Lower back pain is, unfortunately, a very common health issue. It is also multifactorial, which means that finding the real cause can be very challenging, which of course will also affect and often delay treatment.
Studies show that up to 85% of adults have experienced lower back pain, with an estimated 7.5% of the population currently struggling with it. This leads to activity limitation, even disabilities, as well as missed workdays and rising health care costs.
In 2016 and 2017, it was estimated that 577 million people across the world were affected, incurring a total of around $135 billion in costs. Yet, it seems almost like a silent problem, because although it is very common most of us think it’s just a normal pain to have. It could, however, be a signal for other serious health conditions and should therefore always be treated seriously.
Some of the things that can cause low back pain include psychosocial stress, inflammation, poor general health, sciatica, osteoporotic vertebral fractures as well as simply overuse, for example from a specific type of work, sitting or standing for long periods of time, excess body weight, older age and genetics. The spinal anatomy can also cause low back pain when the shape of the spine curves backward (lordosis) or forward (kyphosis).
The Global Burden of Disease studies has defined low back pain as pain that lasts for at least one day. If the pain goes on to last less than four weeks it will be labeled as acute, if it lasts from four to 12 weeks it will be labeled sub-acute, and if it continues beyond 12 weeks then it will be labeled as chronic.
Due to many possible causes of low back pain, it is very important to correctly identify the type of pain.
If it is sharp, deep and achy or involves stiffness then it is generally considered to be more likely nociceptive.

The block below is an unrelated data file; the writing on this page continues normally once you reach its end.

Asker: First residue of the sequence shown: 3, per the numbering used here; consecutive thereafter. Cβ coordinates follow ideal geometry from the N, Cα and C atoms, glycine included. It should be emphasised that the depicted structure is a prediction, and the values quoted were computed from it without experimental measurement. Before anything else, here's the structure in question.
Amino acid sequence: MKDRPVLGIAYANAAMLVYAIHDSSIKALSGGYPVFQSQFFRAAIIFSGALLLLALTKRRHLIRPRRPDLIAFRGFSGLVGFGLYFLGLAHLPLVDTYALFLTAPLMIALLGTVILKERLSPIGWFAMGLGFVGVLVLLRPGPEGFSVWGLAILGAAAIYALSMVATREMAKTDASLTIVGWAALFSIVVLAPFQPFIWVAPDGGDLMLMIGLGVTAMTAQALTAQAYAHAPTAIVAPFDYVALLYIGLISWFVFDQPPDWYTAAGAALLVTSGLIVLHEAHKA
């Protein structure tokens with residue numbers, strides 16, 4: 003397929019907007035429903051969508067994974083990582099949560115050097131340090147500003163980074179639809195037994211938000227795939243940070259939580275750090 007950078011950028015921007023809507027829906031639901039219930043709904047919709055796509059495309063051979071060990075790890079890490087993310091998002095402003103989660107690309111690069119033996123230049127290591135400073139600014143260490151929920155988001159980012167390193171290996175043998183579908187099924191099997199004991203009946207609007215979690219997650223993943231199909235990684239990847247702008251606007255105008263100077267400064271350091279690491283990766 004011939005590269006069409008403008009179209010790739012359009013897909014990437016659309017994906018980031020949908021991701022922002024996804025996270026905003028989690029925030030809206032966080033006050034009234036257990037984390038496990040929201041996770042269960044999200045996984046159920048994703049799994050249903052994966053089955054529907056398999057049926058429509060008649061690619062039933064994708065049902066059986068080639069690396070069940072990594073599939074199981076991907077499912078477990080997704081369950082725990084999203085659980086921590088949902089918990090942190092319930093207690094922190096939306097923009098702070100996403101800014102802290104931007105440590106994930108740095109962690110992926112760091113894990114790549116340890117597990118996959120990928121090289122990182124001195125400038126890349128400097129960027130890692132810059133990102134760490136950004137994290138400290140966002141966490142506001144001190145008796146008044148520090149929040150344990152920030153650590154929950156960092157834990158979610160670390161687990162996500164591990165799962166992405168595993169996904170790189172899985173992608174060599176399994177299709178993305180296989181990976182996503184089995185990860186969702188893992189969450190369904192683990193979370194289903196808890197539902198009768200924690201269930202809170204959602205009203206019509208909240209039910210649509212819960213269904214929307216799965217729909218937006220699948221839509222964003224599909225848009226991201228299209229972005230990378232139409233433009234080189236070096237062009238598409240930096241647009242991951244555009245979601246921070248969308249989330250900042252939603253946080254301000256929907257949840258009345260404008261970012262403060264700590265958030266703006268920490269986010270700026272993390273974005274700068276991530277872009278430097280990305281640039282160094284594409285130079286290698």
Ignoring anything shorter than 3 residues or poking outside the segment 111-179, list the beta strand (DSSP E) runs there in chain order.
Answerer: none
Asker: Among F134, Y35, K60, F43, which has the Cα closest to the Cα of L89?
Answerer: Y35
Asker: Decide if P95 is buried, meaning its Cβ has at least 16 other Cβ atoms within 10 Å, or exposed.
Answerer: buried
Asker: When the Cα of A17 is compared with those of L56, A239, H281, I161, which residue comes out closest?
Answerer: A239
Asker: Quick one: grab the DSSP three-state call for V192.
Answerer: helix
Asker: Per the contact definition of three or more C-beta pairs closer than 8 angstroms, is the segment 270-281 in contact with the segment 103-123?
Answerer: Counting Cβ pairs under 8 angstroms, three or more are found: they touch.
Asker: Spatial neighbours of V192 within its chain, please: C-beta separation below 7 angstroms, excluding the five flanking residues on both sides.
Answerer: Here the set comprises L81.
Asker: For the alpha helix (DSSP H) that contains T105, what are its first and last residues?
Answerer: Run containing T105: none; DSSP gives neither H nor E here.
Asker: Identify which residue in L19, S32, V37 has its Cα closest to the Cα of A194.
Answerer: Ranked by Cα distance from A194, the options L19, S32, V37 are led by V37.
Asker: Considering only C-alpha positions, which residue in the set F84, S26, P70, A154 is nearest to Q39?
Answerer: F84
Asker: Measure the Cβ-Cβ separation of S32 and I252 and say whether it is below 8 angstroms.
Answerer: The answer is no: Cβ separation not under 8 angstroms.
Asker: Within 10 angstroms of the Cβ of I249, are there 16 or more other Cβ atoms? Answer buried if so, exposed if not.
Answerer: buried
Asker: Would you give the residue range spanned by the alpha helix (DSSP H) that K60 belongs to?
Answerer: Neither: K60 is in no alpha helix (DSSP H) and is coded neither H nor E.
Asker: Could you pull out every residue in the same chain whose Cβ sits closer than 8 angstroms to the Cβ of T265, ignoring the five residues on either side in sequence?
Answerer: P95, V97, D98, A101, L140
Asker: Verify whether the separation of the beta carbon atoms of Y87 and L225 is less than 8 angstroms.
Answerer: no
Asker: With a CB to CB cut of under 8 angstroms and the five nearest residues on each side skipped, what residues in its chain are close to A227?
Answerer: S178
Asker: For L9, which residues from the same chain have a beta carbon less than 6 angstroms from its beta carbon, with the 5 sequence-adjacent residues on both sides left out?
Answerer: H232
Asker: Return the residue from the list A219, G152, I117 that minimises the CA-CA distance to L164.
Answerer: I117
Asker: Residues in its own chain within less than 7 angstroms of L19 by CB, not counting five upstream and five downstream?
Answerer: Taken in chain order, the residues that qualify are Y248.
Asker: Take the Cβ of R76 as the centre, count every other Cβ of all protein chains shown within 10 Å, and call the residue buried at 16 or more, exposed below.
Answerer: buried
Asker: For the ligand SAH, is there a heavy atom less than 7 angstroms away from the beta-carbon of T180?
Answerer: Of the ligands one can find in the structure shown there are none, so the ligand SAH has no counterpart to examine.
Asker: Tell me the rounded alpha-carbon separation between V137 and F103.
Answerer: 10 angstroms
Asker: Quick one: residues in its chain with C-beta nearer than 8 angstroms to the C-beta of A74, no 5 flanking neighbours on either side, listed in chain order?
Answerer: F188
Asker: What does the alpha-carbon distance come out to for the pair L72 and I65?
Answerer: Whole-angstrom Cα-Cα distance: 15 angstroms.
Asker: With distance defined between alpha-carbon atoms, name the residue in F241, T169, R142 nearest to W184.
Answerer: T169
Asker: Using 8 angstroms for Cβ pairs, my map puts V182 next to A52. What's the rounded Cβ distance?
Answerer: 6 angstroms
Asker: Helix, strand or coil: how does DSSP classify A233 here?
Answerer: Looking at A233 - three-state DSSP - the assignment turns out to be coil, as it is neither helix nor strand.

If you have burning, shooting or buzzing pain it is more likely neurogenic.
Identifying this will help your physician or physiotherapist choose the best treatment for you. It is also important to note when you feel the most pain, for example when you first wake up, or when you bend forward, sit or stand.
Over-the-counter muscle relaxants can offer temporary relief, but it’s not advisable to simply take these without knowing the real cause of the pain.
The best approach would be to be as aware as you can and to take notes with as many details as possible before seeking help. Often lifestyle changes, for example losing weight if you need to, can have an enormous effect. There are also many exercises that will help, especially those that involve strengthening the core. Your core muscles are not only the abdomen, they also include the erector spine, psoas, latissimus dorsi, transverse abdominals, glutes muscles, quadrates lumborum, and external obliques which all provide stability to the spinal column and allow our dynamic motion.
Everyone’s pain, and the reasons behind it, can be different so it’s important that when doing the activity you always respect any pain that you feel and do not simply push through the pain.
Here are some of the exercises that you can do: bird dog, pelvic floor, clamshell, plank, side planks, spinal twist, side plank, hip flexor stretches, cat and cow yoga asana, and superman. You can find all of the exercises on YouTube. In addition, magnesium supplementation, getting enough sunshine and/or vitamin D supplementation and drinking clean water to stay well hydrated can all be helpful. But, as with so many things, keeping your body moving is the key to health.
Ayda Ersoy is a nutritionist (Dip.C.N., Dip.S.N.); master trainer (CPT ACE, NCSF, CanfitPro); registered yoga teacher; founder, Health Angel Nutrition, Fitness and Wellness; and founder, SMS (Stability, Mobility Strength) Intuitive Training System.
Source: The Garden Island